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The tell tale signals

The tell tale signals
Highlights

No reason for Congress to cheer. Left has something to cheer. BJP has every reason to be happy.  The regional satraps still hold the sway.  The results in West Bengal and Kerala are a classic study in contrast. 

No reason for Congress to cheer. Left has something to cheer. BJP has every reason to be happy. The regional satraps still hold the sway. The results in West Bengal and Kerala are a classic study in contrast.

Despite an ideological compromise, the Left could not stem its decline in Bengal whereas it could register an impressive victory in Kerala, even as it stood firm on its ideological positions.

None can deny the fact that the Left had to enter into an alliance with Congress to face the oppressive onslaught of TMC. But the strange alliance seems to have breathed fresh air into Congress relegating the Left to humiliating third position.

The Left has a penchant for entering into States beyond their strongholds, especially the Hindi heartland. But, instead of expanding into new areas, the Left could only partially regain its stronghold.

On the contrary, the BJP could penetrate into Northeast and even make its presence felt in States like West Bengal and Kerala. The Left, therefore, has to reinvent its political narrative.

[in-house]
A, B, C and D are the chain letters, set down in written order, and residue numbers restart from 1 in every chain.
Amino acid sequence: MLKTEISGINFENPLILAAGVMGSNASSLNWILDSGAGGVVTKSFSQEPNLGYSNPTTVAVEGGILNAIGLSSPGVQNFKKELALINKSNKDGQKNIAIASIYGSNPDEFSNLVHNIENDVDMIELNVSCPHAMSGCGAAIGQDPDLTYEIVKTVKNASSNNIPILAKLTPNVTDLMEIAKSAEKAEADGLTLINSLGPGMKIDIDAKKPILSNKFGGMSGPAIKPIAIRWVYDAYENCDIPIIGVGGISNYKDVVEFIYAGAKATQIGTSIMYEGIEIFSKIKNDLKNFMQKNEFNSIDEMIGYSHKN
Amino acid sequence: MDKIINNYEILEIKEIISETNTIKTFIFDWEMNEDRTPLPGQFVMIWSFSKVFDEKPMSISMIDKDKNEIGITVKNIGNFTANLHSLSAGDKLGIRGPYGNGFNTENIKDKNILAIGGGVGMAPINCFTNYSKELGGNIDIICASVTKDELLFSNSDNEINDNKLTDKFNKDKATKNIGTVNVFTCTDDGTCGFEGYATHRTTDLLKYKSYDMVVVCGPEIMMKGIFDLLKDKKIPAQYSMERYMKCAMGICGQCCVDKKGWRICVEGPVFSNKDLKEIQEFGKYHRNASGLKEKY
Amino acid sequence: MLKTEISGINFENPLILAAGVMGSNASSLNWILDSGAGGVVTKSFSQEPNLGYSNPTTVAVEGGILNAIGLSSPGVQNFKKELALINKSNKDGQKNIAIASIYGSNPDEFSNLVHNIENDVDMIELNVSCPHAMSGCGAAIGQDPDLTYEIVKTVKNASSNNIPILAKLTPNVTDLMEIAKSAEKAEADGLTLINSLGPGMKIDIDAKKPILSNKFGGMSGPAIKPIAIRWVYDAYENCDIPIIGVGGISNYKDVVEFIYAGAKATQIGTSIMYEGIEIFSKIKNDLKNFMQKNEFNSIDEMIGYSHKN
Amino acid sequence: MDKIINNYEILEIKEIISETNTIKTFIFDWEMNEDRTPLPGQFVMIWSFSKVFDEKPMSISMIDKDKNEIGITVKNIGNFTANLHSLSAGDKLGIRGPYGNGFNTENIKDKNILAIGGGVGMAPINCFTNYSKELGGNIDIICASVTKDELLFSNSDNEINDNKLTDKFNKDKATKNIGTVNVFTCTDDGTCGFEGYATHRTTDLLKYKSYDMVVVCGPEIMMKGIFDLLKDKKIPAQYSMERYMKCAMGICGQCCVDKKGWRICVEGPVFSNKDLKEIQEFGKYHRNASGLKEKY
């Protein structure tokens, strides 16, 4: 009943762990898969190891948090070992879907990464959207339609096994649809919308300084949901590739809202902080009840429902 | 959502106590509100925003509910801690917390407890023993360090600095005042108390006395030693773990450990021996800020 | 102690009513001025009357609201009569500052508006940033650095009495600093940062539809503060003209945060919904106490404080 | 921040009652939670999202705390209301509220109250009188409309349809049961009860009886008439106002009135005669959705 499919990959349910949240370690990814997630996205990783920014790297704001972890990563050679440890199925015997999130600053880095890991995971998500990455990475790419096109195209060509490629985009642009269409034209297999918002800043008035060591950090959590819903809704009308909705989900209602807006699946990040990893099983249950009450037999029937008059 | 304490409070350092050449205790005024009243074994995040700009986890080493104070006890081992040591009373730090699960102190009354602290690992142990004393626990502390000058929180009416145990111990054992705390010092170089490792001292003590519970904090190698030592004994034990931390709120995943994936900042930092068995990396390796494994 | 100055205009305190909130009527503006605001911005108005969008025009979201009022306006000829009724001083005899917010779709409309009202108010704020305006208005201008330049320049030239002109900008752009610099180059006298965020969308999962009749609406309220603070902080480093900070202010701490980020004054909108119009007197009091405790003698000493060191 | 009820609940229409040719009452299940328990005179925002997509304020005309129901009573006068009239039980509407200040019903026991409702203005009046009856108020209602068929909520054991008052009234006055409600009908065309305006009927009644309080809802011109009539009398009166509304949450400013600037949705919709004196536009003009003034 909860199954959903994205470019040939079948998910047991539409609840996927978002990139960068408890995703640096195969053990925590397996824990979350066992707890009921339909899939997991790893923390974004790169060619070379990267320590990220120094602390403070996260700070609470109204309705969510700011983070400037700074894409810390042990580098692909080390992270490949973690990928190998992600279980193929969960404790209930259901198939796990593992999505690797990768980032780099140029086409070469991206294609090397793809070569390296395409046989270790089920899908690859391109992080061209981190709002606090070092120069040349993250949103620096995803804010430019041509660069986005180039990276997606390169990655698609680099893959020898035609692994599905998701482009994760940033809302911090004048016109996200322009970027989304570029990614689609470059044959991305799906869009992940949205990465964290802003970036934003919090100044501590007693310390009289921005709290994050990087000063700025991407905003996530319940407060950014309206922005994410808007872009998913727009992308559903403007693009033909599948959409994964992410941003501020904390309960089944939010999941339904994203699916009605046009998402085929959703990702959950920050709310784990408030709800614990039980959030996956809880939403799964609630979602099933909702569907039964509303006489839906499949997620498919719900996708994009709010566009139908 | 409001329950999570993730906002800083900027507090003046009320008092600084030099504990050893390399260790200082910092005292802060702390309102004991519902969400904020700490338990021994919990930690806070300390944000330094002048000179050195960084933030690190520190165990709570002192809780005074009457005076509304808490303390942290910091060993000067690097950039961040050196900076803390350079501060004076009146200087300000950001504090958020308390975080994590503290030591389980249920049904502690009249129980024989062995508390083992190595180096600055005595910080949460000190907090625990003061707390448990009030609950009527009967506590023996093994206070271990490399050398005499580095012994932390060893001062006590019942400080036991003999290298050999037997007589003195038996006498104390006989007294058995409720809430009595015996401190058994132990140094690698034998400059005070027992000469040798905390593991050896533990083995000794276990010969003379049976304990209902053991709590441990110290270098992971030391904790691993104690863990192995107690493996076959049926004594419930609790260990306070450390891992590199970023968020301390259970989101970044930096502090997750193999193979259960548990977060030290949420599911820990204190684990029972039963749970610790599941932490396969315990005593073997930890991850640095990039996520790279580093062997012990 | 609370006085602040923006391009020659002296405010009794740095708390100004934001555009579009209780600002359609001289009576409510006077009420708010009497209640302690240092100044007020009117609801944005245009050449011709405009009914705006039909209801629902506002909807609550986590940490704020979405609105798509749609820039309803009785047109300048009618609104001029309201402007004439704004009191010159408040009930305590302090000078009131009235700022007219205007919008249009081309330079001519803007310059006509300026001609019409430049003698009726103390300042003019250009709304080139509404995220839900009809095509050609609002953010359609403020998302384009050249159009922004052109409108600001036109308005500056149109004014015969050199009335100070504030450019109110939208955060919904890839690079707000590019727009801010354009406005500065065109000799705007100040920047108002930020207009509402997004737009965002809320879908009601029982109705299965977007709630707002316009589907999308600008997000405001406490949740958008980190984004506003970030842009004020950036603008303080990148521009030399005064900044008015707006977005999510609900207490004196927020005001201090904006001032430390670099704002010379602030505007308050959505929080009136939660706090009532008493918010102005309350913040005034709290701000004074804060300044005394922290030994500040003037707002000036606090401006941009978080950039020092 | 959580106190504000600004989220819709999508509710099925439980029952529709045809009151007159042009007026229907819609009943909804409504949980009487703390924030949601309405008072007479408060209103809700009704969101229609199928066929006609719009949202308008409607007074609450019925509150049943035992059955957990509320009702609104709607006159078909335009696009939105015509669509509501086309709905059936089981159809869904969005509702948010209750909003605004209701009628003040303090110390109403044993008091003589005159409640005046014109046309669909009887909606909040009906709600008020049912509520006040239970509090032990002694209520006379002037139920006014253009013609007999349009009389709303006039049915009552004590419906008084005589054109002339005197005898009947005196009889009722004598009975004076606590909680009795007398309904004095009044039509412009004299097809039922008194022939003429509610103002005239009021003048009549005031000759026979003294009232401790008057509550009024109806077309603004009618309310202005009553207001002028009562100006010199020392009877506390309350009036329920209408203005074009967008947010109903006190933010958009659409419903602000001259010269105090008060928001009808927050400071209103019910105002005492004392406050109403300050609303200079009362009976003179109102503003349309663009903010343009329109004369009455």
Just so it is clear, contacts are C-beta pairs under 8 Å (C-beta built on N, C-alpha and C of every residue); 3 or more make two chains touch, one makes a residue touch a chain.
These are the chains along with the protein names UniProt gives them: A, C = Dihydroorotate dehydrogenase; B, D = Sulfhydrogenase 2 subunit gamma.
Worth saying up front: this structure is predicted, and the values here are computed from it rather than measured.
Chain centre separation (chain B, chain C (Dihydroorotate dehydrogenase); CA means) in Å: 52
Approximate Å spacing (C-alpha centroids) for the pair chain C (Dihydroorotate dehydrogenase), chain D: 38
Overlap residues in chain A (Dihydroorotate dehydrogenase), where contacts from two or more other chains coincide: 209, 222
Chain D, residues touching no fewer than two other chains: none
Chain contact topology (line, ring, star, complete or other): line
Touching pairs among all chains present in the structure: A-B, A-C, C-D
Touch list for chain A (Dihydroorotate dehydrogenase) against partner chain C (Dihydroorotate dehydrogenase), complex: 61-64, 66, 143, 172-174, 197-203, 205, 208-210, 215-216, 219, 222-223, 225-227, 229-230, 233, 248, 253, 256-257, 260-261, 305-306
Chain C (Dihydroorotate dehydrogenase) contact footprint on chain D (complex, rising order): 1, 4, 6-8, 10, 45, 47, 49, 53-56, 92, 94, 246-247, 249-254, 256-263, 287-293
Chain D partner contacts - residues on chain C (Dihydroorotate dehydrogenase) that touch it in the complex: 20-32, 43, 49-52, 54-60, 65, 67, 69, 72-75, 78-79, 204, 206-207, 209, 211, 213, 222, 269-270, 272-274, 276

Alliances can work sometimes but need not do so every time. The alliances in West Bengal and Tamil Nadu, to which Congress is a party, failed to fructify but the BJP-led alliance in Assam is victorious.

Thus, chemistry prevails over arithmetic in politics. But, alliances remain critical. The BJP benefited immensely from its alliance with AGP and BPF in Assam. Despite overtures from AIUDF, the Congress displayed political arrogance and failed to sew up an alliance only to face the rout.

The DMK paid the price for failing to include Vijayakanth whose muddy presence in the fray might have further swung the balance in favour of AIADMK. This election yet again proves that anti-incumbency need not always be the electoral trend. The success of Jayalalithaa and Mamata Banerjee is a testimony to this.

In the Indian context, leaders matter a lot despite politics and parties playing up. Charismatic leaders who can galvanise the ground support into positive voting are certainly critical in the Indian elections. Among other factors, the leadership crisis seems to have taken a heavy toll on DMK in Tamil Nadu.

Despite a fragmented polity, voters across the five States gave a clear verdict. The spoilers failed to impact the verdict. The AIUDF in Assam, the Vijayakanth factor in Tamil Nadu, the BJP in West Bengal and Kerala could not alter the people’s resolve to give decisive verdicts.

There are specific local issues that defined the direction of the mandate in different States. For instance, illegal immigrants issue was always emotive in Assam.

The BJP could ride on this identity politics to score a resounding victory. Of course, the anti-incumbency against the 15-year rule of Congress did help the alliance. Apart from its politico-religious appeal, the BJP’s promise of acting tough on the question of illegal immigrants found favour with the Hindu electorate in the porous border State.

The critics may dismiss it as populism. Analysts may name it a welfare State. But, pro-poor schemes certainly helped Jayalalithaa overcome the anti-incumbency. No single factor determines a poll outcome. One can only draw broad contours of the mandate.

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